*** WARNING *** SPOILER ALERT *** This post contains plot spoilers for Season 1, ep.2 of Better Call Saul ***
In the 13th century Middle High German epic Das Nibelungenlied, a little name calling escalates into the death of our hero Sifried (Sigurd from the Volsung lengend). That almost happened in Better Call Saul a few weeks ago when two skateboarders unwittingly attempted to con Tuco’s grandmother. Tuco hogties the skateboarders and takes them out to the desert to execute them. Saul Goodman – who at this point in the story is still known as Jimmy McGill – provides legal defense for the skateboarders in an adhoc desert courtroom where the judge is a psychotic drug kingpin and the jury is comprised of the kingpin’s goons.
Though he seems willing to drop charges on the con, the offense that drives Tuco to seek death penalty for the two offenders is that they called his grandmother a “Biznatch.” Smoothing Tuco over with lines like, “You’re tough – but you’re fair – You’re all about justice,” Saul eventually barters the punishment down from death to a broken leg. In the end, everyone feels the punishment fits the crime.
Jimmy McGill aka Saul Goodman (Bob Odenkirk) and Tuco (Raymond Cruz) negotiate in Better Call Saul. image copyright 2015 AMC, High Bridge Productions, Sony Pictures Television
Unfortunately for Sifried, Saul Goodman wasn’t around to counsel King Gunter when his wife Brunhild demanded justice after Sifried’s wife Krimhild called her a whore. Instead of Saul, Gunter had Hagen of Troneg who convinced his king that Sifried’s death was the only penalty that fit the crime.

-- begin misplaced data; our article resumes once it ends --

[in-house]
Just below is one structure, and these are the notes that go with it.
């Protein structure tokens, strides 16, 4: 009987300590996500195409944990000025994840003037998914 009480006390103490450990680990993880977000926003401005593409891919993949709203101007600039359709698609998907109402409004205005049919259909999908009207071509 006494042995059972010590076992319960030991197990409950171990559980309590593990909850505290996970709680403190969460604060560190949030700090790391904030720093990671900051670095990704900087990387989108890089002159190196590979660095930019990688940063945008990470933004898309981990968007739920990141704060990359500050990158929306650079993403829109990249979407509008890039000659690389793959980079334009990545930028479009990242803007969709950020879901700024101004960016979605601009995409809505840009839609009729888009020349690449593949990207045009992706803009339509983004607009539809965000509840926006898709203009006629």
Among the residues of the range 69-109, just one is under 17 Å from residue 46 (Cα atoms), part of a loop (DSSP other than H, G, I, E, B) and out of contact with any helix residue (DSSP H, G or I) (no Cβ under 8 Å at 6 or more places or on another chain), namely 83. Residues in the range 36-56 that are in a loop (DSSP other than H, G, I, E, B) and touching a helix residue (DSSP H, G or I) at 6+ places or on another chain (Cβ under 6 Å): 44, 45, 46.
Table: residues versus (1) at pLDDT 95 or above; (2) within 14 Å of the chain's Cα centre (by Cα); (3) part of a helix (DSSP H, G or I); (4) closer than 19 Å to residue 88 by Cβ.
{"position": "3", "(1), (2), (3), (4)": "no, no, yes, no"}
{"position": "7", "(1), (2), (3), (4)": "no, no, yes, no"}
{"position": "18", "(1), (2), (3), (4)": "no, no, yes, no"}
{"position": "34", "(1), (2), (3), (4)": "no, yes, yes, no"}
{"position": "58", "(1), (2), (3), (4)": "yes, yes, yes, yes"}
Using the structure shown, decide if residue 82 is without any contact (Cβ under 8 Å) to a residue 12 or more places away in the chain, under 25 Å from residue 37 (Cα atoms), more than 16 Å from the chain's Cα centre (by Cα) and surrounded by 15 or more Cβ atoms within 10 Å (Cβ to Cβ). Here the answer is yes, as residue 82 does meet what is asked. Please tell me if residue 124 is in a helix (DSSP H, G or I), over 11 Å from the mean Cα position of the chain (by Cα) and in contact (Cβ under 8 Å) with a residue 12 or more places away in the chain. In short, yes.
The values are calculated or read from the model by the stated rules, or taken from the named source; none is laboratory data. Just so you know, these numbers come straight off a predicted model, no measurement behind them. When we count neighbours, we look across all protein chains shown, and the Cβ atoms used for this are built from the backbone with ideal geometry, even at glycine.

It all started when Brunhild quarreled with Krimhild for daring to walk into church before her, “No maid in waiting is allowed to walk in front of a great king’s very own lady.”
Krimhild doesn’t let this insult go without a comeback:
Krimhild quickly answered (easily as angry):
“You’d be better much off holding your tongue. Your shame
Is selling your beautiful body to acquire a lady’s name.
How can a whore transform herself a queen, when she’s been so shamed?
(this odd spacing is intentional and is explained at the end of the post)
For those unfamiliar with the story, here’s why Krimhild said such a thing to Brunhild:
King Gunter isn’t the fittest man, but he set his eyes on the Icelandic queen Brunhild. To marry Brunhild you had to beat her in several physical challenges – boulder throwing, spear-throwing, stuff like that. If you lose, you die – but if you win, you get to marry Brunhild. There was no way King Gunter could defeat Brunhild in the games so, wearing a cloak of invisibility, Sifried helps Gunter defeat Brunhild. I wrote about this episode in a previous post.
Gunter gets to marry Brunhild, but as you can imagine she quickly realizes that he’s not the gladiator he seemed during the games. On their wedding night, Brunhild refuses sex and instead ties Gunter up and makes him spend the night hanging from the ceiling.
The next day when Sifried asks Gunter how his first night in the sack with Brunhild was, the humiliated king asks Sifried for his help. Sifried appears the second night – and with that cloak of invisibility – breaks Brunhild like a wild horse. Once she yields to him, he takes her belt and ring and lets King Gunter take over.
The belt was a magic belt of Nineveh silk. It was the source of Brunhild’s superhuman strength. And as for the red golden ring- could it be the cursed ring of Fafinir’s horde?
Brunhild looks at Krimhild and realizes she’s telling the truth:
“She’s wearing, now, the silken belt I lost, and my red-
Gold ring is on her finger. I’d wish I’d never been born,
My king, and live eternally sorry, unless you restore
My honor, free me from this utterly gross and ghastly slander.”
King Gunter summons Sifried to tell his side of the story. Sifried tells Gunter that he never boasted to anyone that he had Brunhild’s body before the king had slept with her. Gunter frees Sifried of all charges. Just before leaving, Sifried adds:
“Men should make certain,” heroic Sifried went on,
“that women’s tongues are checked, kept from wagging loose.
You control your wife, and will try my best to make sure
Of mine. I’m thoroughly ashamed of such disgraceful behavior.”
Seeing Brunhild unsatisfied with Gunter’s resolution, Hagen of Troneg convinces King Gunter that the only way to resolve this problem is to kill Sifried: